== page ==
Interview: Eli Collins, Cloudera on Evolution and Future of Big Data Ecosystem

We discuss the change in Big Data priorities, risks, Big Data ecosystem, rise of data culture in organizations, challenges, advice and more.

eli-collins-clouderaEli Collins is Cloudera's Chief Technologist, currently focused on new technology introduction and strategy. He previously lead the team responsible for Cloudera’s Hadoop distribution (CDH), is an Apache Hadoop committer and PMC member. He also serves on the advisory boards of several startups. Prior to joining Cloudera, Eli worked on processor virtualization and Linux at VMware.
You can find him on Twitter at @elicollins.

Here is my interview with him:

Anmol Rajpurohit: Q1. Can you please describe your current role at Cloudera?

Eli Collins: I work in our CTO office. I’m currently focused cloudera-logoon new technology introduction and strategy. I spend a good amount of time with customers and partners, prospective customers and partners, sharing with them and incorporating what I learn back into our various teams.

AR: Q2. In terms of a hype cycle, where would you currently place Big Data? Are we still in the hype phase? Or, are the expectations now mostly pragmatic?

EC: I’ve seen a drop in excessive big data publicity over the past year, it’s an established term at this point. The stories are shifting from stories about the technology itself to stories about how people are using data to make life better. The Internet of Things seems to be the hype dejour.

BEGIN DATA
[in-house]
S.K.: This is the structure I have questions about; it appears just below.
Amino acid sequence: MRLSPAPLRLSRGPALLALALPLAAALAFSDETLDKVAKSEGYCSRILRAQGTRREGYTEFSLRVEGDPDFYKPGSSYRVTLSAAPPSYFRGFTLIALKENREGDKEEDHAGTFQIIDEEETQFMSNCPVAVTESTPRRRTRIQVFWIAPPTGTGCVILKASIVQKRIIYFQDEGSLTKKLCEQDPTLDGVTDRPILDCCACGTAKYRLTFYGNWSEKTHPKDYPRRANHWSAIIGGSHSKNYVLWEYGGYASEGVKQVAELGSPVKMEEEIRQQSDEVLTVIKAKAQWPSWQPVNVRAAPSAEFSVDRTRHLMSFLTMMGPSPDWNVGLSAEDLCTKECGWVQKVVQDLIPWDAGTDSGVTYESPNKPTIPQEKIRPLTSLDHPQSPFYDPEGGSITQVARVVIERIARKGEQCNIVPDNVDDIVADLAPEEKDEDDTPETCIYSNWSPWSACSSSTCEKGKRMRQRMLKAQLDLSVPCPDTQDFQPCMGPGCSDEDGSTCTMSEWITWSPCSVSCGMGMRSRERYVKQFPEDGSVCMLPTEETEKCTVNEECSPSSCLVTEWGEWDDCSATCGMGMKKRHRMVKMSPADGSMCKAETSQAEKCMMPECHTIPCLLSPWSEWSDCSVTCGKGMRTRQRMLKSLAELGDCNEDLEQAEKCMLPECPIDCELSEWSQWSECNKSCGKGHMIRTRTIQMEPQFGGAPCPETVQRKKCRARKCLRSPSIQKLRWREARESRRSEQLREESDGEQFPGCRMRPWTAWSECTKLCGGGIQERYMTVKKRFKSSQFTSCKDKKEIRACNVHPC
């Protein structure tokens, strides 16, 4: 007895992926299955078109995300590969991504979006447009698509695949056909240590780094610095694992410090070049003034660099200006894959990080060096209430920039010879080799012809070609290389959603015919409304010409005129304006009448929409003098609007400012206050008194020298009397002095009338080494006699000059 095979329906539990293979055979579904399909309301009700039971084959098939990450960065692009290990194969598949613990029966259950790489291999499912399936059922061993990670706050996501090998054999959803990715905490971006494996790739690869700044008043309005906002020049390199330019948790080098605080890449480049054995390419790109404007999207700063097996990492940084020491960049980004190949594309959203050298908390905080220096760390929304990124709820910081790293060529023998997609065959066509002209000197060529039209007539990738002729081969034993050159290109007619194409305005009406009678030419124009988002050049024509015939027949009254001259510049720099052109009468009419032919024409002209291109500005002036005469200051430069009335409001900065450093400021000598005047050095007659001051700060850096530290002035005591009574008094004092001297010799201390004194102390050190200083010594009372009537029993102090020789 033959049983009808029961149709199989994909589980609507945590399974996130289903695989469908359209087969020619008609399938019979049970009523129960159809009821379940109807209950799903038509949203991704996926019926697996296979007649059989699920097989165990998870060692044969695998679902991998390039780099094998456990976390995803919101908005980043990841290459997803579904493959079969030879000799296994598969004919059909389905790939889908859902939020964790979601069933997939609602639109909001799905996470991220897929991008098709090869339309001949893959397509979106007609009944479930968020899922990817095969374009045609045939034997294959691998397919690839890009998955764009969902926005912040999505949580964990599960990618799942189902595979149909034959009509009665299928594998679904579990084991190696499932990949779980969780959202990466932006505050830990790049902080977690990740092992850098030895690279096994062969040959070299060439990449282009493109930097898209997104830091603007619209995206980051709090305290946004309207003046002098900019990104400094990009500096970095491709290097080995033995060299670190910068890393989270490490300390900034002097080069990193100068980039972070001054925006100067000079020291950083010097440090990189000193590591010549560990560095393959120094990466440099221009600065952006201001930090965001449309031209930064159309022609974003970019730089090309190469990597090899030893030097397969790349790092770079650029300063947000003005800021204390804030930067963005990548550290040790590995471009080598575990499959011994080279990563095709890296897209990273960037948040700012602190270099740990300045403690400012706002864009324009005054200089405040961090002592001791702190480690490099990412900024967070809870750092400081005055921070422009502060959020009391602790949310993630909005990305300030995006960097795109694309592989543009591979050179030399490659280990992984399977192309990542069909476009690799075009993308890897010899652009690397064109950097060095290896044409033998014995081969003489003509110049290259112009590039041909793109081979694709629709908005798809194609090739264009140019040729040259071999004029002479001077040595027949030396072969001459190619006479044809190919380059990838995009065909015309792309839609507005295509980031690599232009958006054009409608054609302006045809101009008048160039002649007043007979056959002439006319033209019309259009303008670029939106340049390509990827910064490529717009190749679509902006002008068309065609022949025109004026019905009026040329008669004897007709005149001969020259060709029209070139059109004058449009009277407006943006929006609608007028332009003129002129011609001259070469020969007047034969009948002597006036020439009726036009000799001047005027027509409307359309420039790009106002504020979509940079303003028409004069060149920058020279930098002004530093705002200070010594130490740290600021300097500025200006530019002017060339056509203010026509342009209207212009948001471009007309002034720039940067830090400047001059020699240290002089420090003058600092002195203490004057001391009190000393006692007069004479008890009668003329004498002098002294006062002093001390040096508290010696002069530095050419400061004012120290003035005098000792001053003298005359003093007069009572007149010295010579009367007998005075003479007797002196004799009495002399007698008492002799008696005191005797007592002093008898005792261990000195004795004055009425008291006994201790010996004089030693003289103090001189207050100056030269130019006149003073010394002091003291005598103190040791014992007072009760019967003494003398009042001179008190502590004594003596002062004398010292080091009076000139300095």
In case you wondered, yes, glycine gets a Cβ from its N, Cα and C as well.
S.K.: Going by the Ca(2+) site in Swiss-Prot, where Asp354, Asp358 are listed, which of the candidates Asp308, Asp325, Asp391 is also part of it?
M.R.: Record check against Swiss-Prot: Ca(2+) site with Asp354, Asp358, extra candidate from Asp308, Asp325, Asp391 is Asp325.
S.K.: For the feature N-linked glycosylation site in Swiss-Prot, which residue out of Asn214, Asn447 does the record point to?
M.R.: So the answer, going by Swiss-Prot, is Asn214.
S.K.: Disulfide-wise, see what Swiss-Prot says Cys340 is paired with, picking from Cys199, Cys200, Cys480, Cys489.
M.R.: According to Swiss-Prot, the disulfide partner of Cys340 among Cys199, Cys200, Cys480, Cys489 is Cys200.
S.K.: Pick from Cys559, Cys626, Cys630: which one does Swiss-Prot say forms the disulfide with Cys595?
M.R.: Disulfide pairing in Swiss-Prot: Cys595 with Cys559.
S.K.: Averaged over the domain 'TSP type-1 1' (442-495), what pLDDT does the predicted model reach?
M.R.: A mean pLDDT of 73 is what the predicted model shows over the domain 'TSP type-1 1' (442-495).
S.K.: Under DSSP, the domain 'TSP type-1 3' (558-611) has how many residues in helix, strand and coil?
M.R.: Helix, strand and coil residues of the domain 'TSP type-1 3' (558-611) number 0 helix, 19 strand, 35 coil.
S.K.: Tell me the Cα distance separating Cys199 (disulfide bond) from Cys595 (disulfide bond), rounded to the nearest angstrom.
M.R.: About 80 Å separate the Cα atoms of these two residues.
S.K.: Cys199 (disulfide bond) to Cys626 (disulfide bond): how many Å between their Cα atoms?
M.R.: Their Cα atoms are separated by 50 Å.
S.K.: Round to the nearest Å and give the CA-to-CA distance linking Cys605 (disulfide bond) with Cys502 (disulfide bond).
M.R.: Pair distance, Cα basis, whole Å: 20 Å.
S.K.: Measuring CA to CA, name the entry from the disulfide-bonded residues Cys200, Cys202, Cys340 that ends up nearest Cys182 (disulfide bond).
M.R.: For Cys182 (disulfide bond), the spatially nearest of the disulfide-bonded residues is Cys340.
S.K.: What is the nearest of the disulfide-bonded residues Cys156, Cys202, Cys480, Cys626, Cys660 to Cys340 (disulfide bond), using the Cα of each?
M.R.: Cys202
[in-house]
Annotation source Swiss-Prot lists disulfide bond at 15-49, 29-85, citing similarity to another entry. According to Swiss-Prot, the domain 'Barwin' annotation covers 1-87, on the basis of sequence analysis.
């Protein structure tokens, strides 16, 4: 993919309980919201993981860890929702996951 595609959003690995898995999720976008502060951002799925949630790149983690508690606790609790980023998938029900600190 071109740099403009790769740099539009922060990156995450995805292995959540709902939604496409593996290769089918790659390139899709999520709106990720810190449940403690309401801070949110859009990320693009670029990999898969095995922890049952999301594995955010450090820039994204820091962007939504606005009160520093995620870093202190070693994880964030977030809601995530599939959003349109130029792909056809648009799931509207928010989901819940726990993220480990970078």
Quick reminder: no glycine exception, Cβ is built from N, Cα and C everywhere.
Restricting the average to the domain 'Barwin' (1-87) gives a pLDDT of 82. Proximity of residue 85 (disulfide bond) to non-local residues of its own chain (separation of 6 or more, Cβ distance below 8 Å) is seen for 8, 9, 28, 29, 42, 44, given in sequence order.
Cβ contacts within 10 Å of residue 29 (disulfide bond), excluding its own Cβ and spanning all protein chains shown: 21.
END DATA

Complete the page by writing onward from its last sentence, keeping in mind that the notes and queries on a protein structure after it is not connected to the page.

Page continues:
AR: Q3. How have the Big Data priorities changed in last five years?

As the basic technology matures there’s a shift towards making it more accessible. We’re talking more about methodologies than capabilities. We’re paying more attention to integrating with the rest of the data ecosystem. We’re moving up stack as the foundational technologies get more mature.

AR: Q4. What are the major risks posed by Big Data? What risk mitigation strategy do you propose for those risks?

EC: I’m not sure there are inherent risks in big data. Like any technology it riskscan be used for good and harm. More and more of our activities are intermediated by machines, we can analyze the data they generate to better understand how things work, and how to improve. i.e. we can apply the scientific method to more parts of life. There are however things we need to be mindful of. For example, if you’re looking at data that’s not representative of the whole population then using analytics can make a system less equitable. I talk about this problem a bit in this talk.

AR: Q5. How would you describe the Big Data ecosystem?

hadoop-big-dataEC: The big data ecosystem evolved from the Internet companies that had these sorts of problems before others. Existing technology and products just didn’t work well for them so they ended up inventing new ones. Most of Cloudera’s founders came from this world, and this is what motivated them to start the company in 2008, when there was an opportunity to bring this new technology to the market.

Now there are dozens of big data companies that are building new products to serve this part of the data management market, and the existing players are adapting their product portfolios. For example, almost every major data management company ships or integrates with the Apache Hadoop ecosystem at this point. This is not to say Hadoop is the only big data technology, just a prominent example.